LIMA (Reuters) – A strong magnitude 7.1 earthquake struck the coast of southern Peru on Sunday morning, leaving two dead, 17 missing and several dozen injured, while causing homes and roads to collapse.
The quake hit offshore at 4:18 a.m. local time (0918 GMT) at a depth of around 36 km (22.4 miles), the U.S. Geological Survey (USGS) said. Its epicenter was in the Pacific Ocean 40 km from the town of Acari.
Arequipa Governor Yamila Osorio said on Twitter that one 55-year old man died in the town of Yauca after being crushed by rock. Jorge Chavez, chief of Peru’s Civil Defense Institute (INDECI), told local radio station RPP that a second death was reported in the town of Bella Union.
INDECI said on Twitter that 65 people were injured.
“There are several homes affected and it is possible that the count of victims and injured will rise,” Chavez said.
Peru’s health minister said 17 people were missing after an informal mine east of the coastal city of Chala collapsed following the quake.
Several municipalities were without electricity, and many roads and adobe houses had collapsed, Osorio said. Many residents of Lomas, a coastal town, were evacuated after feeling an aftershock, she said.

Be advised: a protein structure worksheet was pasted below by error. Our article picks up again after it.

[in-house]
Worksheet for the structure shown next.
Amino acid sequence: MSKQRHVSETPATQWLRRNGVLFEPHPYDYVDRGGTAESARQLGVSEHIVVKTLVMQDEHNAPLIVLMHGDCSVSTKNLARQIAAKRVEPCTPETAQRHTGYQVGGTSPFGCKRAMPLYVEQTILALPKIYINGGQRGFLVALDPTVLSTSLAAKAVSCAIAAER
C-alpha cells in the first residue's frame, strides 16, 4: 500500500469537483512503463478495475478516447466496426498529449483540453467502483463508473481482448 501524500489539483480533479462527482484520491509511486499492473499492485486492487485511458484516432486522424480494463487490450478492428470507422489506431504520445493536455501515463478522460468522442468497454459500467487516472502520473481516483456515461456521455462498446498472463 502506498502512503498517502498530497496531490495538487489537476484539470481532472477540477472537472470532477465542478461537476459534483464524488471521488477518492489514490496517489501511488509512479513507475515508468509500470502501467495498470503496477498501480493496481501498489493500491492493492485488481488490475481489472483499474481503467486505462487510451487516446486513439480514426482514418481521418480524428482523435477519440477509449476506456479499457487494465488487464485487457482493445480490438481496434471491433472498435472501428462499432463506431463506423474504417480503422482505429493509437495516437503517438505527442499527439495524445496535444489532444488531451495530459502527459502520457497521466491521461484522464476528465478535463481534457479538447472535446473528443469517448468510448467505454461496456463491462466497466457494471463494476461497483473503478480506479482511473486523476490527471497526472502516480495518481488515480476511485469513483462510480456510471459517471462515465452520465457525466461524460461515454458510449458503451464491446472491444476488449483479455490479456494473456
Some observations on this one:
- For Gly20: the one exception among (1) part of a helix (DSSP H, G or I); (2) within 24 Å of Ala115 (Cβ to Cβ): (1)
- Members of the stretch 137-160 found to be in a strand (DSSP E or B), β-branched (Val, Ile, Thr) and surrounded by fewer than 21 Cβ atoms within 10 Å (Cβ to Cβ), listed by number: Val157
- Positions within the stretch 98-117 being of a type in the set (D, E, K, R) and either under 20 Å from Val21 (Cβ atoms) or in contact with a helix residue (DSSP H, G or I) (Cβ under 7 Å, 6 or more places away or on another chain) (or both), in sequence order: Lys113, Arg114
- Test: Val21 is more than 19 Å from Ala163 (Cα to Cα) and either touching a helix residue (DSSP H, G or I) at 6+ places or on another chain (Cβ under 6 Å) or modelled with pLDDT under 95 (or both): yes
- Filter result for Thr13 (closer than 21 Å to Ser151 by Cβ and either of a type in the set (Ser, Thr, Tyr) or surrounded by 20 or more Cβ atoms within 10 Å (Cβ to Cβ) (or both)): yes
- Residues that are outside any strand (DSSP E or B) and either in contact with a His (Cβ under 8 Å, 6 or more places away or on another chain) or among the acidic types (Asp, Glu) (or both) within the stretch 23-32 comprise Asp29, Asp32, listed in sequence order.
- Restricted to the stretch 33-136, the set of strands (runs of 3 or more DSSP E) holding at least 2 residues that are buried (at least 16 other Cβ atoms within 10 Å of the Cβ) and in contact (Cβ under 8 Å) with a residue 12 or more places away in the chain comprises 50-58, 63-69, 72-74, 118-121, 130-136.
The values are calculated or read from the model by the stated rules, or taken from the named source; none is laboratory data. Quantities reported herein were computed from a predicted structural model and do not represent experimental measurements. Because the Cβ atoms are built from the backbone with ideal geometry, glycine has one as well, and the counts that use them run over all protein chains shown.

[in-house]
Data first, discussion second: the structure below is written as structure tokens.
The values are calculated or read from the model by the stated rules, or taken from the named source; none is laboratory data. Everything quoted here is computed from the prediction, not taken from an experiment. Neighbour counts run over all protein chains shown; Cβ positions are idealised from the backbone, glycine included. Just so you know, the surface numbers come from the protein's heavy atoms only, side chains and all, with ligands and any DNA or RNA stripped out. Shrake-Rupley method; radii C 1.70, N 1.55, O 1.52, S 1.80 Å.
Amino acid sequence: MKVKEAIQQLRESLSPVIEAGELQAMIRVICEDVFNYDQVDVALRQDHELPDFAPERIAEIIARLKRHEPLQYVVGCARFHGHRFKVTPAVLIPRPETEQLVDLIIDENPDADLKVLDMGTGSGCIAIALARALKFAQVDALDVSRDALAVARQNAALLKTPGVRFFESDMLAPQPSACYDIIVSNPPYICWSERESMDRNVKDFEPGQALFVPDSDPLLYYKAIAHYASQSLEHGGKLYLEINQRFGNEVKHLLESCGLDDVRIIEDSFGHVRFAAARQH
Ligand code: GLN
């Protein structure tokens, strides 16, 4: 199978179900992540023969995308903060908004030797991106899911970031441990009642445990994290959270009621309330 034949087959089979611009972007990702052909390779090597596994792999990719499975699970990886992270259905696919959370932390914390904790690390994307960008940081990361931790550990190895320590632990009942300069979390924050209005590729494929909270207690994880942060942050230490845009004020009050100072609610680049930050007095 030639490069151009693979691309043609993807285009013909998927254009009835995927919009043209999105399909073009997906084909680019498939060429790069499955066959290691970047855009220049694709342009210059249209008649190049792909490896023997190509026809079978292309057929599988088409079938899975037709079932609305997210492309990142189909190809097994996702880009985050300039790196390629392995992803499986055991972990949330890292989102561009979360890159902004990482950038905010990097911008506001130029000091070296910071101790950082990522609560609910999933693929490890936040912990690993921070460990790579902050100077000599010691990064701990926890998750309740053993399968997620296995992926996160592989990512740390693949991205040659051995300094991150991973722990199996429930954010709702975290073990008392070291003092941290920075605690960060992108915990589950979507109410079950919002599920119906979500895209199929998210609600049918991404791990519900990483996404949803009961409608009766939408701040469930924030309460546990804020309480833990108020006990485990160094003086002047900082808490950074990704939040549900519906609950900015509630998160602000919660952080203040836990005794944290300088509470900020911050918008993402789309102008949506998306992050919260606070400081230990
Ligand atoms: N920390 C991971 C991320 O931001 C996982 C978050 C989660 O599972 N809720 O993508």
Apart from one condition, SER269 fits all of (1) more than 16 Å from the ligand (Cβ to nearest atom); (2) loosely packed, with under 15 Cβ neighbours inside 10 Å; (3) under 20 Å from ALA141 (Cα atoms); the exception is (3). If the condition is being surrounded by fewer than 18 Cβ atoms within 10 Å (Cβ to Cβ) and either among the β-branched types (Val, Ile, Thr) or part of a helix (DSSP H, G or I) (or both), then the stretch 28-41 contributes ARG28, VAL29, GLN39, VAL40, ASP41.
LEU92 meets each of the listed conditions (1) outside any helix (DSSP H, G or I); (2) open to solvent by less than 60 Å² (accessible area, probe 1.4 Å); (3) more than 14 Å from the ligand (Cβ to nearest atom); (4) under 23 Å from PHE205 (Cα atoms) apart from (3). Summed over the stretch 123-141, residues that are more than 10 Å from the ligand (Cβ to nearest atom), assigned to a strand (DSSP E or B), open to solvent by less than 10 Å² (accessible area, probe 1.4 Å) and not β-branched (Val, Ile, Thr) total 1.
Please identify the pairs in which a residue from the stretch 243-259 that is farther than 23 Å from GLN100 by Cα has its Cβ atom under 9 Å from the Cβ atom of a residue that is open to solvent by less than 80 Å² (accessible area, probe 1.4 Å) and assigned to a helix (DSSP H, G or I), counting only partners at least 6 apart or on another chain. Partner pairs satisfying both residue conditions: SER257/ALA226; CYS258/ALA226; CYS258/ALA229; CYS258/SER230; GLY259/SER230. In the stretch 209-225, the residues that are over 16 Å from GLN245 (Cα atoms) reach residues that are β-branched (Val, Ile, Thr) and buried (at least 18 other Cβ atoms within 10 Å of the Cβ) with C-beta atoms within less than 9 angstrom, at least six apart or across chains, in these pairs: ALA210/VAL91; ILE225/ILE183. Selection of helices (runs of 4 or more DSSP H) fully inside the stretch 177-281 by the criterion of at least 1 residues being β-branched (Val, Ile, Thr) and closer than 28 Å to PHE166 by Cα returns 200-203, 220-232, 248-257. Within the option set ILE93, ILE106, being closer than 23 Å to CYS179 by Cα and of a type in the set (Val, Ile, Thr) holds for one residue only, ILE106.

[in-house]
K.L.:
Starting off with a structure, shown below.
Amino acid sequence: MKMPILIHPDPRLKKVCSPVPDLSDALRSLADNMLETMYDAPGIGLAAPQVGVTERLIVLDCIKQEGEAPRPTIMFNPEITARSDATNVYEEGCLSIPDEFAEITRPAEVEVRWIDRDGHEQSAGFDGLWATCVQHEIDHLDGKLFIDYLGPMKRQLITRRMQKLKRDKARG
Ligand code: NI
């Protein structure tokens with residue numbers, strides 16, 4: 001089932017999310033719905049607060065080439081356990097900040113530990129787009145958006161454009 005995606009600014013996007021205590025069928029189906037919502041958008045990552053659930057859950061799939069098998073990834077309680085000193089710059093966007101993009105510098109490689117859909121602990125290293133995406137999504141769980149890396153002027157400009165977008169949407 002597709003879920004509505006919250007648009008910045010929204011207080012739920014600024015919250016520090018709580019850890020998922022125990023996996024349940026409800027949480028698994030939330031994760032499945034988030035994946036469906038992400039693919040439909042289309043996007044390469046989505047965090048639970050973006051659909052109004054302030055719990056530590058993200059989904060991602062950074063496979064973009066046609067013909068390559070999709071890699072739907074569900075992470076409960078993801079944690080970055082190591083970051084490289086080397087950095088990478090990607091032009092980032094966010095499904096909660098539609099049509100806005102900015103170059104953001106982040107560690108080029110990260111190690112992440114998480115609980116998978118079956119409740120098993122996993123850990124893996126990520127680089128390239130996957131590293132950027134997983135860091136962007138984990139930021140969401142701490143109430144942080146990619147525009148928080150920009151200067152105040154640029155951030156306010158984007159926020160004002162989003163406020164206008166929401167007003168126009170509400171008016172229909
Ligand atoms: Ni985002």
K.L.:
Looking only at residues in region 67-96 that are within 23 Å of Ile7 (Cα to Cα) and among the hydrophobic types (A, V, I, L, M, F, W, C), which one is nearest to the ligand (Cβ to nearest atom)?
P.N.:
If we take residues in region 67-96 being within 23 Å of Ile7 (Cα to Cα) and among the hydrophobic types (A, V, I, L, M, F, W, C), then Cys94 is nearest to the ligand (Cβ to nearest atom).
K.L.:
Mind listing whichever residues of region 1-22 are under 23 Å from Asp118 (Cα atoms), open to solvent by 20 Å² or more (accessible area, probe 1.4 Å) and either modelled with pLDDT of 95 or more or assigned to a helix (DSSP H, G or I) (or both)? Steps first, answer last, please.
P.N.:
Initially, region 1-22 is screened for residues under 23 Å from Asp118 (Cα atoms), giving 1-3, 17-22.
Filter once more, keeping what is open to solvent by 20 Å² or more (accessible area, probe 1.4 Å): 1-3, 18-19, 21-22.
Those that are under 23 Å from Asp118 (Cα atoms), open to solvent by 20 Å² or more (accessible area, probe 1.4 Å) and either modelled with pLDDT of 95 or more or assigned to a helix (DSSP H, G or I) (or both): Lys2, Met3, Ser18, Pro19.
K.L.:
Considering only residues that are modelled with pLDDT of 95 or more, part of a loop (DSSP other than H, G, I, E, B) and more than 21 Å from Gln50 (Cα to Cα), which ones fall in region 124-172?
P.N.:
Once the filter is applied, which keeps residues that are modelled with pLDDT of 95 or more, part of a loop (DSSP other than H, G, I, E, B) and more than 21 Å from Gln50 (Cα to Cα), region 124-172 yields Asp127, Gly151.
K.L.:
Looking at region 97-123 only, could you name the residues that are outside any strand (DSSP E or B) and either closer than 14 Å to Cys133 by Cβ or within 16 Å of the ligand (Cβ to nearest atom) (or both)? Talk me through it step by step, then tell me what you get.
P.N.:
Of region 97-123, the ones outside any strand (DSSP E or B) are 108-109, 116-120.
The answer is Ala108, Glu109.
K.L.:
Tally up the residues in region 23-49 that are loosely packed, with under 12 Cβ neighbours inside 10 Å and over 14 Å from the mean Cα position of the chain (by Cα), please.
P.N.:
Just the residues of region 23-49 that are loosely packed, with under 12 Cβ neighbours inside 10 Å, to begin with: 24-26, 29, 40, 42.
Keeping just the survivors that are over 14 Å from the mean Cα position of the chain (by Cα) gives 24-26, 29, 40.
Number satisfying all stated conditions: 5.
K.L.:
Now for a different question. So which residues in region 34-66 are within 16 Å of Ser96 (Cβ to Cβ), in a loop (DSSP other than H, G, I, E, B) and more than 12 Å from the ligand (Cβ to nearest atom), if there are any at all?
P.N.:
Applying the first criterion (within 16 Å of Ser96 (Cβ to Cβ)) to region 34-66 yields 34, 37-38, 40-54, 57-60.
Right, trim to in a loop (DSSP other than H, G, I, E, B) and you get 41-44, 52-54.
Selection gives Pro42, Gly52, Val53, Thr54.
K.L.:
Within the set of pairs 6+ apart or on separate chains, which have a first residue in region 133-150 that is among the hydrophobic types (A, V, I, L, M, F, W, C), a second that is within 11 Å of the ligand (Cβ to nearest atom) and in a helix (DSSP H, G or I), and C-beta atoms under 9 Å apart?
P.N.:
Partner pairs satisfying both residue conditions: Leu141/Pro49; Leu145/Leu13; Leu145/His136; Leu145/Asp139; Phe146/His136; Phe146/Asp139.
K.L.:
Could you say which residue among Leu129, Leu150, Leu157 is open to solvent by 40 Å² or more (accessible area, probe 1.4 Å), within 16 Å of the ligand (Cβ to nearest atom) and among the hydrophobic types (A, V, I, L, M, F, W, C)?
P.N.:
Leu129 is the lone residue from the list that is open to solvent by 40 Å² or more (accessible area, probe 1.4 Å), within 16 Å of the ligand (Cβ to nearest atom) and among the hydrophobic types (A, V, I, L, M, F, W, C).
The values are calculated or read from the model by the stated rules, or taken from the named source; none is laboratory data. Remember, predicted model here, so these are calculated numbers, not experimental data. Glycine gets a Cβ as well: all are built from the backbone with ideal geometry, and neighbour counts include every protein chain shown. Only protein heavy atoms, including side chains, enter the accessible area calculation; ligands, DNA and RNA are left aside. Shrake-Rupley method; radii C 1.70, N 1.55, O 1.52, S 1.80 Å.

Earthquakes are common in Peru, but many homes are built with precarious materials that cannot withstand them.
In 2007 an earthquake killed hundreds in the region of Ica.
Peruvian maritime authorities said the quake did not produce a tsunami on the Peruvian coast.
Peru is the world’s No. 2 copper producer, although many of the mines in the south are located far inland from the coastal region where the quake struck. A representative of Southern Copper Corp said there were no reports of damage at its Cuajone and Toquepala mines in the regions of Moguegua and Tacna.
Jesus Revilla, a union leader at the Cerro Verde copper mine in Arequipa, said there were no reports that operations had been affected.
The quake was also felt in northern Chile, Peru’s southern neighbor. Chile’s National Emergency offices said there were no reports of injuries, damage to infrastructure, or interruption of basic services. Chile’s navy said the quake did not meet the conditions that would produce a tsunami off its coast.
Reporting by Marco Aquino and Luc Cohen; Additional reporting by Antonio de la Jara in Santiago; Editing by Dale Hudson and Louise Heavens